In some ways, I think that is actually the hardest part of being a writer. And, it does require some effort and lateral thinking.

Here are some of ideas how we do this - not in any particular order or importance:

  • Readers in our existing networks - family, friends, work colleagues etc.
  • Being an expert or at least interesting in a related subject
  • Social media - being interactive not pushy
  • Blogging 
  • Readers groups and book clubs
  • Reviews, reviews, reviews
  • Cross-promotions with other authors
  • Blog tours, interviews, character cameos
  • Anthologies and book bundles 
  • Newsletters and events
  • Launches
  • Book signings & bookshop events
  • Author talks, School & Library visits
  • Study notes
  • Different formats
  • Donating books
  • Promotions and ads
  • Quirky promotions
  • Leaving books in mystery locations
  • Markets
  • Conventions and Book Fairs
  • Begging (joking, don't beg, pray instead)

Not that we can necessarily do it all and certainly not all of the time.  We do what we can - and rest in the Lord of the Harvest.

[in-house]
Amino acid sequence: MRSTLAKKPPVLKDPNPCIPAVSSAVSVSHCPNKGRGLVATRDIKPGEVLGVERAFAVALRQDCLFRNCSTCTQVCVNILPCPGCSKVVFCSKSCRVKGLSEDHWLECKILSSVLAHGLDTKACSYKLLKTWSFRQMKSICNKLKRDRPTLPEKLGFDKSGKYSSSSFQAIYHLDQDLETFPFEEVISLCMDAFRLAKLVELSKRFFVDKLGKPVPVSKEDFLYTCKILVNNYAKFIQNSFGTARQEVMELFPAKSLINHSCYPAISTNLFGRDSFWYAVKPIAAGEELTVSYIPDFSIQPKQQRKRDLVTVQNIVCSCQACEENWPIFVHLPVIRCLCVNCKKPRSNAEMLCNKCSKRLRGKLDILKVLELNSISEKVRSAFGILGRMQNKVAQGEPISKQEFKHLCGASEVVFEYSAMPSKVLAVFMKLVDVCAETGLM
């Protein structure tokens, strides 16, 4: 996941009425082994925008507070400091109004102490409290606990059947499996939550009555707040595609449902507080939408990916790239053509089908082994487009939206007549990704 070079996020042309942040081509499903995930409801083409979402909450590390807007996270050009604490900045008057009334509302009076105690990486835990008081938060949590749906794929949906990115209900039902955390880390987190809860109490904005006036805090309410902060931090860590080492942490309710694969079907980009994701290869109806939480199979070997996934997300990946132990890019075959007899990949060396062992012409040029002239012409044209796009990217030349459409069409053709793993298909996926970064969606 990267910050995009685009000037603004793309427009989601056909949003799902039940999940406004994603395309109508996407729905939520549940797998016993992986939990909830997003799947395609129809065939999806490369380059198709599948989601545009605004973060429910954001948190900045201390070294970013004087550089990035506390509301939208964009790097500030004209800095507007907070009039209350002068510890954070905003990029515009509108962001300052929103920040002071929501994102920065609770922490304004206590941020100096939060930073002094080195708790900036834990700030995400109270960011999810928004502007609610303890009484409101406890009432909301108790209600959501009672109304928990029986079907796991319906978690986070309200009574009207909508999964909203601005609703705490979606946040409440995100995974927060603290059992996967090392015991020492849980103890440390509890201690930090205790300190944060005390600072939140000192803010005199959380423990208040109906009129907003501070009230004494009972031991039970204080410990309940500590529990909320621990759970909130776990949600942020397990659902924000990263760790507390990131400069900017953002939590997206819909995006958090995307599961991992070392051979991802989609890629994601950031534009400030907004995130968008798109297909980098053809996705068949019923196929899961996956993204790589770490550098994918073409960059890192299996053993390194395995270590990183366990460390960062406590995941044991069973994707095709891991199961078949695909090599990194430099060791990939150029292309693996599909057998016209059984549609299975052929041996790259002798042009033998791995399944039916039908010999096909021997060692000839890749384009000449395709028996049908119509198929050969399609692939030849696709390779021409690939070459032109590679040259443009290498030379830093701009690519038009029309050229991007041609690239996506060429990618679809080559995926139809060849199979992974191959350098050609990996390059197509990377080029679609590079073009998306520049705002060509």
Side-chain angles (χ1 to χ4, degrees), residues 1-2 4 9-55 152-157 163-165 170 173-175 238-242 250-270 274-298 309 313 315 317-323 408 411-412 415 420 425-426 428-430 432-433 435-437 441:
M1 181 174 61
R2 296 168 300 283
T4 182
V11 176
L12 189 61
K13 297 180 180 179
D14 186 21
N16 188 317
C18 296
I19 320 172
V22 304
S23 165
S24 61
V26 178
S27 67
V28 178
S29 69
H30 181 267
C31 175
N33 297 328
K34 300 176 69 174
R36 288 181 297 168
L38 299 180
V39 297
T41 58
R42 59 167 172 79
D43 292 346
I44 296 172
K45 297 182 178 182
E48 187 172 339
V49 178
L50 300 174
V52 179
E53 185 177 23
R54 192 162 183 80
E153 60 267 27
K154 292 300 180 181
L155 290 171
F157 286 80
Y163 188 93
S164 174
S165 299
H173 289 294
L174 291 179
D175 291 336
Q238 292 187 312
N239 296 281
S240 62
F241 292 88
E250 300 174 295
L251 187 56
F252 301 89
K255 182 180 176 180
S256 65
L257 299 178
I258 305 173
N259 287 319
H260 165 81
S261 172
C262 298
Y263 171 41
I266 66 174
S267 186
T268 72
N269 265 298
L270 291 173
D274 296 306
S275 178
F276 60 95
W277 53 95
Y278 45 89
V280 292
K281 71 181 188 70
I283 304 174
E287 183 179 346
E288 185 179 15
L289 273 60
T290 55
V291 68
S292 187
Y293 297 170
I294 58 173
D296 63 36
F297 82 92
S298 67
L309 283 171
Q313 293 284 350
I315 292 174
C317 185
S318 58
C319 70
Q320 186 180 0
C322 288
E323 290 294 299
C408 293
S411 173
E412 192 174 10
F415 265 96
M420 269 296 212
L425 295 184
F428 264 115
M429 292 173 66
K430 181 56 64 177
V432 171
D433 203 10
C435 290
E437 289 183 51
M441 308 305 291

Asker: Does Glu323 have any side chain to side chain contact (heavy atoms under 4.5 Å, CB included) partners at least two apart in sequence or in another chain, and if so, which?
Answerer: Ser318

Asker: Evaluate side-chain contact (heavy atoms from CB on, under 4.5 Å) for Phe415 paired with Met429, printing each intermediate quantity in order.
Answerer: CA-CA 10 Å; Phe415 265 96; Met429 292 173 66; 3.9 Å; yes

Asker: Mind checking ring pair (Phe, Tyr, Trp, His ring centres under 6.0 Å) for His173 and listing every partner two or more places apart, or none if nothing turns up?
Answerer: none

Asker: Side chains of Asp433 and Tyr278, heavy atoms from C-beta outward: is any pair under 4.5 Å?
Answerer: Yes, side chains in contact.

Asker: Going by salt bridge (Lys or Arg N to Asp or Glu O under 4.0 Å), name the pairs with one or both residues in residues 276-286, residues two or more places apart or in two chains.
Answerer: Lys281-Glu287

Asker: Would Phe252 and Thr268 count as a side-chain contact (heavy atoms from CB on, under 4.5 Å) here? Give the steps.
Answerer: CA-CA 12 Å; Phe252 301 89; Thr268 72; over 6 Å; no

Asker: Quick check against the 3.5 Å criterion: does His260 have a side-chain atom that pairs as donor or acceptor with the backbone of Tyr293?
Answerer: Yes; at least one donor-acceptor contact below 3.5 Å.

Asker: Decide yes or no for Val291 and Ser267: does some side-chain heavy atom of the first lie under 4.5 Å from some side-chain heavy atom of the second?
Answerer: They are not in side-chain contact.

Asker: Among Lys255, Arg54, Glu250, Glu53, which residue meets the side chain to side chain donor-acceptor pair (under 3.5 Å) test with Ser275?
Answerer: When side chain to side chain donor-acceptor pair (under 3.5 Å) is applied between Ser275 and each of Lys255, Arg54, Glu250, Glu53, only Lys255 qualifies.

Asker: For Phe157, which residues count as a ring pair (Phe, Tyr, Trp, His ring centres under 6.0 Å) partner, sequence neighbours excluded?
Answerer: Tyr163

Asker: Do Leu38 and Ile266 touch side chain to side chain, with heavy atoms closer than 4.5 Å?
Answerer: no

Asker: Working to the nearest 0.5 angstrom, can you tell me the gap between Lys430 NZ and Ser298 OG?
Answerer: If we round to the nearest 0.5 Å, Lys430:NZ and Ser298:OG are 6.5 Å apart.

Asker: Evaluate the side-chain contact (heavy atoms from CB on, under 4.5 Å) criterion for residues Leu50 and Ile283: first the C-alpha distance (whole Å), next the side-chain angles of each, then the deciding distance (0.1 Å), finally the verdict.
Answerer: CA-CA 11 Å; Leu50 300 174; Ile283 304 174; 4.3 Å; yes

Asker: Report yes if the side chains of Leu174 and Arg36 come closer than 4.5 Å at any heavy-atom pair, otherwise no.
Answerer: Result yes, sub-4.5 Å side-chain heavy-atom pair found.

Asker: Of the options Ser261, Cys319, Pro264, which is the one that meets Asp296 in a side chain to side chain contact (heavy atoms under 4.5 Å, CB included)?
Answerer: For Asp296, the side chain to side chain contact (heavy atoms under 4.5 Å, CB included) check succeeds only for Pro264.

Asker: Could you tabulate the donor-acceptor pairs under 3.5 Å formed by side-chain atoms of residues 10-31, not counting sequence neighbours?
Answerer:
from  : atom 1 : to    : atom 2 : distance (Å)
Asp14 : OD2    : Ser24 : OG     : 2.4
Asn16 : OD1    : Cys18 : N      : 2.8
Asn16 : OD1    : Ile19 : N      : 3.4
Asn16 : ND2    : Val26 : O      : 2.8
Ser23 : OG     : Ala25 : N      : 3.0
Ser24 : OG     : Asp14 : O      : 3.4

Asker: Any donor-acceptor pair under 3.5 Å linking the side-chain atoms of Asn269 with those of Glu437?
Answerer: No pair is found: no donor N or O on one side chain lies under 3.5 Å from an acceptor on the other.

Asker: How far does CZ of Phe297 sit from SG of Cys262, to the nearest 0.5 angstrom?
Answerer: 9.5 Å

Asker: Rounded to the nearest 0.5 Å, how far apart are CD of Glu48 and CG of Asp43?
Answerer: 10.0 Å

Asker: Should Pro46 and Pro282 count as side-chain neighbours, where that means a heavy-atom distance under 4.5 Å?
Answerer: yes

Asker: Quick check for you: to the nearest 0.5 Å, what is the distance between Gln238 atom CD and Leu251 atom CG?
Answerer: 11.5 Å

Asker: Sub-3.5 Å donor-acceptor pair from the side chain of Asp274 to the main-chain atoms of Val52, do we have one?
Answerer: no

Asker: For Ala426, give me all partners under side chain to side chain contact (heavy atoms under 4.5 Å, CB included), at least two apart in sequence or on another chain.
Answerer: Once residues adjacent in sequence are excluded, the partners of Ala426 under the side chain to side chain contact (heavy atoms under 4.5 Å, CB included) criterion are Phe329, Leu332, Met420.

What ideas or experiences of connecting with readers have you had?

New International Version (NIV)
Holy Bible, New International Version®, NIV® Copyright ©1973, 1978, 1984, 2011 by Biblica, Inc.® Used by permission. All rights reserved worldwide.
Jeanette started spinning tales in the world of Nardva at the age of eight or nine. She enjoys writing secondary world fiction, poetry, blogging and editing. Her Nardvan stories span continents, time and cultures. They involve a mixture of courtly intrigue, adventure, romance and/or shapeshifters and magic users.